How is the policy framework of STEVTA in line with the WTO regime?
At the moment we are preparing ourselves through our plan of generating human resource that is globally accepted. There is difficulty in global market acceptance for the diplomas and certificates which we hand down in Pakistan. Therefore, we have signed an MOU with City and Guilds UK, which is a certifying body for skilled workforce as per internationally recognized standards. Under this agreement, we are going to introduce the City and Guild’s approved curriculum at our 10 model institutions. Students will be trained as per the internationally accepted curriculum, tested as per internationally accepted standards and the successful ones will be accepted by the global market. We cannot do this for every trainee coming to STEVTA, as not everybody is ready for the global market and there are huge costs involved as well. So, initially it would be implemented in 10 schools and upon graduating there would be about 500 students. This is how we plan to take our students into the global market.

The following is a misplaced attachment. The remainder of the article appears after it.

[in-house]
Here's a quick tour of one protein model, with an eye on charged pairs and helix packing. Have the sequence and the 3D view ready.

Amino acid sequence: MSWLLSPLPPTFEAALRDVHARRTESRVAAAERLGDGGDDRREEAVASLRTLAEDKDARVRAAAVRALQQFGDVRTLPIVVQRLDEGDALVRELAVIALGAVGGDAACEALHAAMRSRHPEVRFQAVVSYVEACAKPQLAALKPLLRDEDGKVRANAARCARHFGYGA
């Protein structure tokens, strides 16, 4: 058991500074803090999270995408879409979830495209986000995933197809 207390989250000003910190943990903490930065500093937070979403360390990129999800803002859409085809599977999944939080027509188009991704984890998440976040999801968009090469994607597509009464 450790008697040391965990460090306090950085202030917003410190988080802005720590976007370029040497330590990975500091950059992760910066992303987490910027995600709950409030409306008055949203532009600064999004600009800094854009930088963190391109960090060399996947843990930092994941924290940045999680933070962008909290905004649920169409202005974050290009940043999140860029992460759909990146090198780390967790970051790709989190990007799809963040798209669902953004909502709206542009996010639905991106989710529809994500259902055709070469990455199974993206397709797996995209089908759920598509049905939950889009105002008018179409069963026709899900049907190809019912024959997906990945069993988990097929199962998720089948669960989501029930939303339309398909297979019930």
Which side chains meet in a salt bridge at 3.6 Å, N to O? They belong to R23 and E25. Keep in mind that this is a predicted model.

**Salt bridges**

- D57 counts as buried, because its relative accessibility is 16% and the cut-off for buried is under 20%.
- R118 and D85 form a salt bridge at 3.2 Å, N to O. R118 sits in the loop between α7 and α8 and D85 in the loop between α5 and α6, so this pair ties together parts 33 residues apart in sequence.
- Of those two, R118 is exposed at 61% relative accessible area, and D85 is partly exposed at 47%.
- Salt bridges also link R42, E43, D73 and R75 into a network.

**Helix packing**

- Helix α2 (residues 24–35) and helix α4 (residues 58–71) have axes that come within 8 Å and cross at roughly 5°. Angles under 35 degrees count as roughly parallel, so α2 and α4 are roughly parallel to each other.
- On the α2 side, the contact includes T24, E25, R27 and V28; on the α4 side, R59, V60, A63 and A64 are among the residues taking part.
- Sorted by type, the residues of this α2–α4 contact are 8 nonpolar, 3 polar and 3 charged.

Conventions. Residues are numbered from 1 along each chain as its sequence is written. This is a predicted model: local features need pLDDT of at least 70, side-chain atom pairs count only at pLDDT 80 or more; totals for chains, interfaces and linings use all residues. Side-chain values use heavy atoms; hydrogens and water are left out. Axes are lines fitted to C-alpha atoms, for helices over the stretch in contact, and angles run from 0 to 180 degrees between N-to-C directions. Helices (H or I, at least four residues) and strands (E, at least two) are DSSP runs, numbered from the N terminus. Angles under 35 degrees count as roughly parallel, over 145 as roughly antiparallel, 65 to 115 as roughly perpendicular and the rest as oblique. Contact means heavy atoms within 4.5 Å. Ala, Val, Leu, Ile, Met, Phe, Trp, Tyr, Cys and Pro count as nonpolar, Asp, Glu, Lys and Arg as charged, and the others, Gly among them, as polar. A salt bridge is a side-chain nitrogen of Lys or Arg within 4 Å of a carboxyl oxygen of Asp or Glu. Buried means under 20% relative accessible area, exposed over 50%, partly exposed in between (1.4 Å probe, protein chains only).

How do you view the socio-economic landscape of Pakistan in terms of employment opportunities and sustainable livelihoods?
Unfortunately, Pakistan is a labour-surplus economy. Our industrial base is shrinking, but our young population is increasing. So we are aware that our system output is not going to be 100 percent employed by the industry. We have to prepare our trainees for self-employability as well. There are various international organizations that are working with us, because they have found a one-stop solution in STEVTA for skill development. With the help of ILO, we have customized the ‘know about business’ (KAB) modules. These are training frameworks developed by the International Training Centre in Turin, Italy, under the aegis of ILO.